Crypto supporters were taken aback this past July when the infrastructure bill brought to the U.S. Congress claimed it could raise $28 billion from crypto investors by applying new information-reporting requirements to exchanges and other parties. This projection ended up getting beat down on the internet as the dollar amount seemed to be plucked out of thin air. In reality, figuring out how much taxes crypto investors owe based on their capital gains is incredibly difficult to estimate.
Theoretically, the Internal Revenue Service (IRS) could look through every transaction on every blockchain to see profits and losses in each wallet or account. From there, the IRS could figure out the amount of on-chain gains it could tax. However, that raises the issue of whether those assets were sent from one wallet to another with the same owner, something that may not make it a taxable event. On top of that, there’s the difficulty of getting good information from exchanges to figure out the amount of off-chain gains the IRS could tax. In practice, this collection and estimation process is a mess.
If the U.S. government wants to raise money through taxation on crypto, it could consider encouraging bitcoin miners to set up shop. Doing so could bring in tax revenue inflows from the companies that set up mining operations.
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For Tax Week, we wanted to estimate the amount of revenue the U.S. government could stand to gain from bitcoin mining companies. While the result of this exercise is subject to the assumptions underpinning the model, they are worth the look. The fact that this exercise is even possible is a testament to bitcoin mining’s transparency and simplicity.
A few caveats before we dive into a brief overview of the methodology are worth mentioning: Right now, there are several publicly traded bitcoin mining companies (which is sometimes referred to as CHARM for Core Scientific, Hut 8, Argo Blockchain, Riot Blockchain and Marathon Digital). Public companies are required to share financial information and those reports show that bitcoin mining companies are, by and large, not paying very many taxes.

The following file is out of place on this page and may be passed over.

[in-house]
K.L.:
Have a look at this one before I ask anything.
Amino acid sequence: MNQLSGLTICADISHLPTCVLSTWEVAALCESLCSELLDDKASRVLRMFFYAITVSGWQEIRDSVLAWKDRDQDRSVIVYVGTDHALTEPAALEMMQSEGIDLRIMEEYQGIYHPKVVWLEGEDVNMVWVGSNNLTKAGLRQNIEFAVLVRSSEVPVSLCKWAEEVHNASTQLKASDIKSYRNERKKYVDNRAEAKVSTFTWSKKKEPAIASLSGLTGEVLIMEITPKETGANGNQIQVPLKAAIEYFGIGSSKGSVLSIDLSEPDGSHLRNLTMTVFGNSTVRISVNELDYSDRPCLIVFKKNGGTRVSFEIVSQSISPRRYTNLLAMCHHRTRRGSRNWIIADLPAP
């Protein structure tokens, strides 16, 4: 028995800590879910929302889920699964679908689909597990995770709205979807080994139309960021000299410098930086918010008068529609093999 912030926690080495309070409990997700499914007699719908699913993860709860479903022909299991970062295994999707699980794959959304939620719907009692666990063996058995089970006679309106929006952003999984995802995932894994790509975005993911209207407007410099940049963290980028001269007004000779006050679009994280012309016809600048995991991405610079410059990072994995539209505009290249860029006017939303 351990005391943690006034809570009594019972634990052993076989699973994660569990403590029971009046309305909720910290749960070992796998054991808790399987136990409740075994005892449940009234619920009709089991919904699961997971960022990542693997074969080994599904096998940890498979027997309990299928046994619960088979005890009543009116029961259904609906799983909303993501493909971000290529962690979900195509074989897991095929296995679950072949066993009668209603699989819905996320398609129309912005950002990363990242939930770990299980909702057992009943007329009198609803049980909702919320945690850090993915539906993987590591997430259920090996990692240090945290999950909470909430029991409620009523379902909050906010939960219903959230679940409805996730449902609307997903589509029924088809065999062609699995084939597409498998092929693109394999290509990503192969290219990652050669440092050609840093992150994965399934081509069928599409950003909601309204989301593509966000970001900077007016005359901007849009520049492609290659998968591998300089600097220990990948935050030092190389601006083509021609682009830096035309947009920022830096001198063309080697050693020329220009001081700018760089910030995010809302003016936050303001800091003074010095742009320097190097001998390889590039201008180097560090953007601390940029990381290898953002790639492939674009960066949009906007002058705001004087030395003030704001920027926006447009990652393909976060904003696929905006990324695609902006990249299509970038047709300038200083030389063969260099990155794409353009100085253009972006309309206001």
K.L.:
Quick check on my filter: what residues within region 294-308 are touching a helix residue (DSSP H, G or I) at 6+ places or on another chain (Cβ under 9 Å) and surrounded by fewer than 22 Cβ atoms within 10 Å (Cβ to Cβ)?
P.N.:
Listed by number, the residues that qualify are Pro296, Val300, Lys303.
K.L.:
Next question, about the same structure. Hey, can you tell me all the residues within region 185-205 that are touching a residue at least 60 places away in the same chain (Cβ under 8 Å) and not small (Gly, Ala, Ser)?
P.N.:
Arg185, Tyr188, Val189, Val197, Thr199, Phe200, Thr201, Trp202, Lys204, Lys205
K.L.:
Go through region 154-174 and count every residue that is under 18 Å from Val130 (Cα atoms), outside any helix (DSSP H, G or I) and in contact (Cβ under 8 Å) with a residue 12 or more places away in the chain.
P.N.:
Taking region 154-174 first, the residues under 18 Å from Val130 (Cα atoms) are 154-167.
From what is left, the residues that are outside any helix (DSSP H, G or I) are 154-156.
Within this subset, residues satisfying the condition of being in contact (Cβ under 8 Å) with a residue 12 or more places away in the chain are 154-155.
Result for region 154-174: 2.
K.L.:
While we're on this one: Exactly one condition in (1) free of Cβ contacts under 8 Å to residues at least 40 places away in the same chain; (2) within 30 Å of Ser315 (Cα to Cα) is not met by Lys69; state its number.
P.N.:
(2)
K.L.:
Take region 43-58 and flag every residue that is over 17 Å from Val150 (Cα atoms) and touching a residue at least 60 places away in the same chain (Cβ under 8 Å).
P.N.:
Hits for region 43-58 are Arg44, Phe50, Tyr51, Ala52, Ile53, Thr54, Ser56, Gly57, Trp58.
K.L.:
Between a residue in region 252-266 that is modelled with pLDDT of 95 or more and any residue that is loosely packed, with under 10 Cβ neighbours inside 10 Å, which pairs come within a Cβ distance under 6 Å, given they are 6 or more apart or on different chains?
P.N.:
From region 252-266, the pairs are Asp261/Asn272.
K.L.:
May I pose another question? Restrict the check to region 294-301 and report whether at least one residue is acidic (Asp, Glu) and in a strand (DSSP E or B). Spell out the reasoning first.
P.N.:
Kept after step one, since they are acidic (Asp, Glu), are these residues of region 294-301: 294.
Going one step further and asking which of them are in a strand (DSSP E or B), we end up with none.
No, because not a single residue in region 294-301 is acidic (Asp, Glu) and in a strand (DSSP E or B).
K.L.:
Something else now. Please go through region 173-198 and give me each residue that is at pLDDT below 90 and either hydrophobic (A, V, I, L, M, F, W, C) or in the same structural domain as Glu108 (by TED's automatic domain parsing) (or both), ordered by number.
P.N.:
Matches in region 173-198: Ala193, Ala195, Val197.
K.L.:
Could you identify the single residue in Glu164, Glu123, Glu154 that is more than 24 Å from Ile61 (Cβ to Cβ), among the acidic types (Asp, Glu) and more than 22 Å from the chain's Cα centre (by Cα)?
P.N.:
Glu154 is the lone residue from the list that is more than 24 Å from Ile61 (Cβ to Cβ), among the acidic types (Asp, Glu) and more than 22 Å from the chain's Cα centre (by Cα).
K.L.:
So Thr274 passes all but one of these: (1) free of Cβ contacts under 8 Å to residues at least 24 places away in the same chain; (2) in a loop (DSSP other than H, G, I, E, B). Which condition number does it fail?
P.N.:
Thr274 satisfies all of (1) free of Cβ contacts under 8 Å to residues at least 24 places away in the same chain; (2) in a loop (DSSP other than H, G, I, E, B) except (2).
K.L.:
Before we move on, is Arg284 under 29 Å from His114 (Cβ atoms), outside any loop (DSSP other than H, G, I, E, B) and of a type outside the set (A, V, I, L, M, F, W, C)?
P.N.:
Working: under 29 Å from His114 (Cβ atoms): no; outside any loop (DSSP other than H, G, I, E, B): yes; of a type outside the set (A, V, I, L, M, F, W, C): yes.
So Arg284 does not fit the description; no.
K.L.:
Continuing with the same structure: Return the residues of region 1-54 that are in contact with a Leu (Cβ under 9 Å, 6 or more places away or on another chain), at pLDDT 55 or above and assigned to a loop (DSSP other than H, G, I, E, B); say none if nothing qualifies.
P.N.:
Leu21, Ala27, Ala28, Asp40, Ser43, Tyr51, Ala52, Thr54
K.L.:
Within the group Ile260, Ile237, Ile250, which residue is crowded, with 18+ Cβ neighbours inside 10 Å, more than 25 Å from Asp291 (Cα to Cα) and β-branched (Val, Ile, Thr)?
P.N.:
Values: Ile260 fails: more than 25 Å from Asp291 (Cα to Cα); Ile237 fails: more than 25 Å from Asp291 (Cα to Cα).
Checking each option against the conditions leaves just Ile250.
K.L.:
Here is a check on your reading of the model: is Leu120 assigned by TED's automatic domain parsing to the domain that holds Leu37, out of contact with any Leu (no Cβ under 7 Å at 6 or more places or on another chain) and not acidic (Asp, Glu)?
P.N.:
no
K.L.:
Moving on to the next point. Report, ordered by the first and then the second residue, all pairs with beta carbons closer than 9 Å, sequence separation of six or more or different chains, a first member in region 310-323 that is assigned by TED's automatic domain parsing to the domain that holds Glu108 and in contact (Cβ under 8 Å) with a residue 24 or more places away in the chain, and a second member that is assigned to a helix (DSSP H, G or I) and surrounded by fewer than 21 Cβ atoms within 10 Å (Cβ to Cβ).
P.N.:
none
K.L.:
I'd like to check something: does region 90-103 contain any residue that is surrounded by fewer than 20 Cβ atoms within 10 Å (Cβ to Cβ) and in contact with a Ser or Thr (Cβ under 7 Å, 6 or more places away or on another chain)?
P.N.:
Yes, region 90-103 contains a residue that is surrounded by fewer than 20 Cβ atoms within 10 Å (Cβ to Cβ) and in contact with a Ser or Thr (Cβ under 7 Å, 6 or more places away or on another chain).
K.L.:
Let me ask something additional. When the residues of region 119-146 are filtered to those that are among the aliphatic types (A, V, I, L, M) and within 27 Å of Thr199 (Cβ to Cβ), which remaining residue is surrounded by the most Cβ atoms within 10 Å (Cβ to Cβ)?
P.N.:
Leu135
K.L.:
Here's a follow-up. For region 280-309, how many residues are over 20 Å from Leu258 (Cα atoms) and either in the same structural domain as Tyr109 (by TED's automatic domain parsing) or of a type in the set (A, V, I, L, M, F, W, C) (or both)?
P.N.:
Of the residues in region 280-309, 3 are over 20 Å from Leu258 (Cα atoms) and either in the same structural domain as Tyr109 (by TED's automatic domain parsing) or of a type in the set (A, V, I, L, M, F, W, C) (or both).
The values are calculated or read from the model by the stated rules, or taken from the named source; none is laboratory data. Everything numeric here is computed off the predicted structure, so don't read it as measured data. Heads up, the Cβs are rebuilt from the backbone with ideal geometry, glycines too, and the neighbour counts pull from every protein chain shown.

In fact, some of the companies book income statement losses and are paying no taxes at all. Start-ups – which bitcoin miners are – are generally unprofitable as they look to spend money building up operations. Our model strips out the business decisions that young companies must make when they are growing, meaning that it only works in a world with a more mature bitcoin mining industry.
We also wanted to normalize for accounting methods allowing companies to minimize tax burdens, mostly through non-cash charges like share-based compensation and some types of depreciation. Doing so makes a company look less profitable on paper than it is in reality.
The last simplifying assumption we make is a big one, in that bitcoin mining profitability will not trend to zero. There is a solid theoretical argument that bitcoin mining economic profit margins will approach zero as new entrants join the relatively low barrier-to-entry market. (The CoinDesk report “Does Bitcoin Have an Energy Problem?” suggests that “bitcoin mining [profit] margins are relatively capped.”) In reality, businesses need to make money over the long term in order to stay open, so we assume that bitcoin miners won’t lose all profitability for at least the near- to medium-term.